This versatile plant is great for low-light and tight areas, and it’s pretty easy to keep looking good. Here’s what you need to know about the Michiko:
The Michiko is propagated in Hawaii, so it’s grown in lava rock giving it some very forgiving watering requirements. Preferring only a slightly moist rootzone, it won’t drink a lot of water, and with the right set up and spot, it can go a full month (and sometimes several months) between waterings. See our watering guide for more information.
This plant is a Dracaena, and has one of the lowest light requirements of all the plants we offer. It’s great near a window with filtered light or a corner with only artificial light. Do not, however, expose this plant to direct sunlight or it will burn the leaves very quickly.
The Michiko will not need to be fed during the first 12 months after it has shipped. During this time, it will use the residual nutrients from nursery production. After 12 months, it can be fed quarterly with a complete fertilizer formulated for interior plants. Please refer to our nutrient guide for details.
This is an easy plant to keep clean, and a good thing because its deep green leaves can get dusty over time. Simply wiping the leaves with a wet cloth usually does the trick. For spots where something else (besides dust) has landed on your plant, use a mild soapy solution to wet the cloth; then wipe. This will restore the luster to your plant.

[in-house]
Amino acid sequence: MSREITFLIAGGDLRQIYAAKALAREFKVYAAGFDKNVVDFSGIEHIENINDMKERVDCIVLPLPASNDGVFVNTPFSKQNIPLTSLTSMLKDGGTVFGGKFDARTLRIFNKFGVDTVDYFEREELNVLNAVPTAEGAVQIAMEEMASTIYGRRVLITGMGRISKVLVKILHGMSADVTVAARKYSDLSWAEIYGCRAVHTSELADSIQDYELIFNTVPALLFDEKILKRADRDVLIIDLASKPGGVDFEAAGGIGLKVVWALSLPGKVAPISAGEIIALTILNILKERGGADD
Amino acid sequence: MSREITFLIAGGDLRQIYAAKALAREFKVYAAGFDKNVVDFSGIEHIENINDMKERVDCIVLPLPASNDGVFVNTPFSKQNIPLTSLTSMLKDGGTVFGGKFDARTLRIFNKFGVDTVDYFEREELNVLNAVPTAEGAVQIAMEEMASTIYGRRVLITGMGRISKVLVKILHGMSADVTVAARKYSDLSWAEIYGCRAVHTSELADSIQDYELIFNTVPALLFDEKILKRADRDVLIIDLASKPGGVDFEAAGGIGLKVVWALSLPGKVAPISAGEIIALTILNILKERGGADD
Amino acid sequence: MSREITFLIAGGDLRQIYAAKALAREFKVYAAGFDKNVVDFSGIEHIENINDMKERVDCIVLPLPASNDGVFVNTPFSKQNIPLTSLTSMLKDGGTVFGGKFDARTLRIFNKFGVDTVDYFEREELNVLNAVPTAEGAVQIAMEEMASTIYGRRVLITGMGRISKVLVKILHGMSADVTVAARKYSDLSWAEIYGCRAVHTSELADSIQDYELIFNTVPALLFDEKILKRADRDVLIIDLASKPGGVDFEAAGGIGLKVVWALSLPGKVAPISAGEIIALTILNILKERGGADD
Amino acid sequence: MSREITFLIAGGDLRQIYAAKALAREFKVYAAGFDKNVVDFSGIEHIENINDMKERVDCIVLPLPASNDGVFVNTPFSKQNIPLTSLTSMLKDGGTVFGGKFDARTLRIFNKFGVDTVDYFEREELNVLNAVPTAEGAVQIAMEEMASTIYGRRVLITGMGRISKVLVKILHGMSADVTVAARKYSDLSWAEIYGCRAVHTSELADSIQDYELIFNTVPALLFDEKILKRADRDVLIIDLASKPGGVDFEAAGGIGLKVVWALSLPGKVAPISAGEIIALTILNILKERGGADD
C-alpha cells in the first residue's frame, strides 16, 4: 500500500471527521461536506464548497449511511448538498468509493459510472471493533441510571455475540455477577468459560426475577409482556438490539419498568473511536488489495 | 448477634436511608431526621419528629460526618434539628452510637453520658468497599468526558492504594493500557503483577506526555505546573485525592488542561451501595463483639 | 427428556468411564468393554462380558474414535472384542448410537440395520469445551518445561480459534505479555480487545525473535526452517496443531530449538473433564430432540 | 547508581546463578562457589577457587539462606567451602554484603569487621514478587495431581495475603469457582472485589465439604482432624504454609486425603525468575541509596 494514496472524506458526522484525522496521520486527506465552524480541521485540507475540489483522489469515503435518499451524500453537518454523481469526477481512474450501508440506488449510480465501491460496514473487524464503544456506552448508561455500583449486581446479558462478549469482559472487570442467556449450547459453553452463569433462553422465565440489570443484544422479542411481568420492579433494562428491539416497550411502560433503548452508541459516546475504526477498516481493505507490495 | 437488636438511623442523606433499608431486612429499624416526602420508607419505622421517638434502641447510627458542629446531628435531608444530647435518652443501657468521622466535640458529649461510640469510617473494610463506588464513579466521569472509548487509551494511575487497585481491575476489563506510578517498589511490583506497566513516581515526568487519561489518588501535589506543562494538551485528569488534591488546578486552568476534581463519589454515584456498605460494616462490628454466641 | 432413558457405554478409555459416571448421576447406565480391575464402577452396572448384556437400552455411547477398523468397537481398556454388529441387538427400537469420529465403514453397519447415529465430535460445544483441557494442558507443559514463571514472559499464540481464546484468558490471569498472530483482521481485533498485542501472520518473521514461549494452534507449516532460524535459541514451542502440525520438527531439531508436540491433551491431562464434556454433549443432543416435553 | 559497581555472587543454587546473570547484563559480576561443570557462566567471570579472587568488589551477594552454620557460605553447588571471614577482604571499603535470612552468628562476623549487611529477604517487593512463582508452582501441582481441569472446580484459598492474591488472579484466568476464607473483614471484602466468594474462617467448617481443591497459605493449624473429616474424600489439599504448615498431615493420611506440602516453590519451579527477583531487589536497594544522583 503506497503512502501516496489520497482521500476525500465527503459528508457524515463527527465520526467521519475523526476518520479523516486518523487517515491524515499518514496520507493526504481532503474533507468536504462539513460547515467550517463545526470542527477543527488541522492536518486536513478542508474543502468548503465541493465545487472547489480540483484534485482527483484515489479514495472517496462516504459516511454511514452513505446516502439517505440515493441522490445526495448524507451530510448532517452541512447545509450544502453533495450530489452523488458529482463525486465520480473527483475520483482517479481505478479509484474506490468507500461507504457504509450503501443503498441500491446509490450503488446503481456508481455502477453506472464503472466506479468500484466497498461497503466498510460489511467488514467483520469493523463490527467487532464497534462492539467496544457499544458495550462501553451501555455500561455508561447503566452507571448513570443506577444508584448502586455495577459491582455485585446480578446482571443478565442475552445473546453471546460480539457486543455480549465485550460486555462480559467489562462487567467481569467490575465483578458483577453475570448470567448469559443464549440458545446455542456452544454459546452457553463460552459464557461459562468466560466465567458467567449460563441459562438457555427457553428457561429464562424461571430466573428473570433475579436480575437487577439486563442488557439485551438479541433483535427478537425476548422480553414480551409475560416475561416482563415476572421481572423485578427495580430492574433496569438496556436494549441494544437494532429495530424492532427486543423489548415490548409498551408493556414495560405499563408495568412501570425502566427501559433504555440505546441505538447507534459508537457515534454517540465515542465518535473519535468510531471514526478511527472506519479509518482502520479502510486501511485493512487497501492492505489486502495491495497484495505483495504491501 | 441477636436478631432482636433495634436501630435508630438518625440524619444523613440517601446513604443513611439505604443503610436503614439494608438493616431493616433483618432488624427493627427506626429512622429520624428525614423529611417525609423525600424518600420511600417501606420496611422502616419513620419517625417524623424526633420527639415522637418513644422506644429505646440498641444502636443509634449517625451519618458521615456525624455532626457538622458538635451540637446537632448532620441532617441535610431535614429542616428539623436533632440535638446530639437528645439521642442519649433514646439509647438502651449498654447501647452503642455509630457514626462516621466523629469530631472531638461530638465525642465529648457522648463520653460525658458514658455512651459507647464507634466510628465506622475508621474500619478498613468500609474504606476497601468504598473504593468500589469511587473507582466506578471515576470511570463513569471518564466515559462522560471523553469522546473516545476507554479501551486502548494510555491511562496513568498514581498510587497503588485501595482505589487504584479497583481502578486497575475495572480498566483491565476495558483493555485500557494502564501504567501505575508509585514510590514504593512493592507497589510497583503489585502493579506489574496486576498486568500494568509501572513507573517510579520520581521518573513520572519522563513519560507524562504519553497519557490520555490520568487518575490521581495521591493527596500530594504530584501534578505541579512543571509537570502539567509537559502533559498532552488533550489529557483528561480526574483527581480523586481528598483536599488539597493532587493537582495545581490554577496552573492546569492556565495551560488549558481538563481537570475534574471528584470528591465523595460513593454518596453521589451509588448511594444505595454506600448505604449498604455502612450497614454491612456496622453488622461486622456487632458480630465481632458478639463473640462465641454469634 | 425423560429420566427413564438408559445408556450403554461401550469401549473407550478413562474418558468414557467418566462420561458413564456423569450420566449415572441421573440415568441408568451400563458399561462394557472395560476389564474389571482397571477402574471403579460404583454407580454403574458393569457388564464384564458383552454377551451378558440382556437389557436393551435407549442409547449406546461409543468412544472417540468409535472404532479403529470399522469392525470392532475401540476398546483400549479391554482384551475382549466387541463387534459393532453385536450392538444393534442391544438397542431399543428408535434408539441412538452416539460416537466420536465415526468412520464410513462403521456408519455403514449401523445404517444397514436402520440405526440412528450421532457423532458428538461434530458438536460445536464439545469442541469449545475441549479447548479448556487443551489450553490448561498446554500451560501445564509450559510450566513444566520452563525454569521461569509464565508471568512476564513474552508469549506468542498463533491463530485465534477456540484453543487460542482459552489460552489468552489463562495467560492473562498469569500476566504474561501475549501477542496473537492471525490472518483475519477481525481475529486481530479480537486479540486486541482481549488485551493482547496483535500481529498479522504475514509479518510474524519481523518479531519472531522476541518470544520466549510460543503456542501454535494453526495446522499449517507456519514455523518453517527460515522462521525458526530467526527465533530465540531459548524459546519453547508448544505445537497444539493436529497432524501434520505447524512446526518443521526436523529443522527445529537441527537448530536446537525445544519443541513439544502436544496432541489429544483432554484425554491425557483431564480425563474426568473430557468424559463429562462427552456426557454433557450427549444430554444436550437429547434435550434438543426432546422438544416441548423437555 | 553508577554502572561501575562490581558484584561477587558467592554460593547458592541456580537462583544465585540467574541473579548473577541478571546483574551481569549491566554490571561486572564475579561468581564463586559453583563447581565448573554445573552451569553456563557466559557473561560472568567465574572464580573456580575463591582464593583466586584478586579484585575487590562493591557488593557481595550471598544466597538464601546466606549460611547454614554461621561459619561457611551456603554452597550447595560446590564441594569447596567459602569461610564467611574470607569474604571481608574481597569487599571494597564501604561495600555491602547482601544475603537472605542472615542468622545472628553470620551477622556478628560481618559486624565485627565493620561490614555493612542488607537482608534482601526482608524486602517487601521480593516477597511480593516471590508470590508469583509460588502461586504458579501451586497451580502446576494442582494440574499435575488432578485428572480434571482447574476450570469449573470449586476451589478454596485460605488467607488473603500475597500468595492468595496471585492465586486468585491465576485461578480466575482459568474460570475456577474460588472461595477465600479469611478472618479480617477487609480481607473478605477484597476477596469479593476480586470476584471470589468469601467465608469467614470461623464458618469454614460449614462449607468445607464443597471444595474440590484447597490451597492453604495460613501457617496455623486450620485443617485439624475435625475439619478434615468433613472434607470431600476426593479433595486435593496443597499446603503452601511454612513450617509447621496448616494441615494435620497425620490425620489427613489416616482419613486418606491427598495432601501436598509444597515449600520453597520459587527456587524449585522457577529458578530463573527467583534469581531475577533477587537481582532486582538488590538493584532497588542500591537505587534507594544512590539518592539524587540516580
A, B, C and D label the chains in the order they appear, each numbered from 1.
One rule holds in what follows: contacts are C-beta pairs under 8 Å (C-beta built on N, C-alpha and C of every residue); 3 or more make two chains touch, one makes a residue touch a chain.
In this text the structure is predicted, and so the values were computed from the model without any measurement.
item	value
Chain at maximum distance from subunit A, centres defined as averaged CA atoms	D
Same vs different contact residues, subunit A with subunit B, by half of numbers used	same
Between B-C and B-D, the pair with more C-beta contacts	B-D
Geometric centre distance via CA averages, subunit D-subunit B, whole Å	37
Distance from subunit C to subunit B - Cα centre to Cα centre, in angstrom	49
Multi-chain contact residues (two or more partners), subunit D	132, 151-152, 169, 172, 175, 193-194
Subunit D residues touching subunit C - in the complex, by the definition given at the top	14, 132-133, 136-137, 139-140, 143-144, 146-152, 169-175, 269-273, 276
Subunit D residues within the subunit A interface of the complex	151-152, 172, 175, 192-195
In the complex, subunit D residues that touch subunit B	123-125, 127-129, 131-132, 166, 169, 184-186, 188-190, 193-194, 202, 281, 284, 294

Don’t. Unless your plant is not meeting the dimensions of its intended space, you will not need to prune this plant. Older leaves, though, may yellow, and they can be pruned or snapped off. Brown tips can be trimmed off to the contour of the leaf. See our pruning guide for details.
The Michiko is not a big target for pests. Mealybugs will be the main pest, and sometimes scale will affect the plant. Both easily controlled by wiping the infested area with a soapy solution. It can take several intermittent cleanings to rid the plant of the pests, but persistence will pay off.
Minor leaf spots and old age will be your biggest worry with the Lisa Cane.
- Leaf spots – Spots on the leaves may be a natural imperfection from production. If your new plant has a few spots, don’t sweat it – it’s Mother Nature’s way of letting you know it’s a real, live plant. Over time, leaf spots, especially on the margins, can develop from a build-up of fluoride in the leaves from water sources treated with fluoride – like almost everywhere that water comes from a treatment plant. If you can water with rain water from your garden, have at it; otherwise, be on the lookout for discolored margins over a very long period of time. When older leaves become unsightly, just remove them.
- Yellow and brown leaves – Old leaves may turn yellow and begin to brown. These should be removed.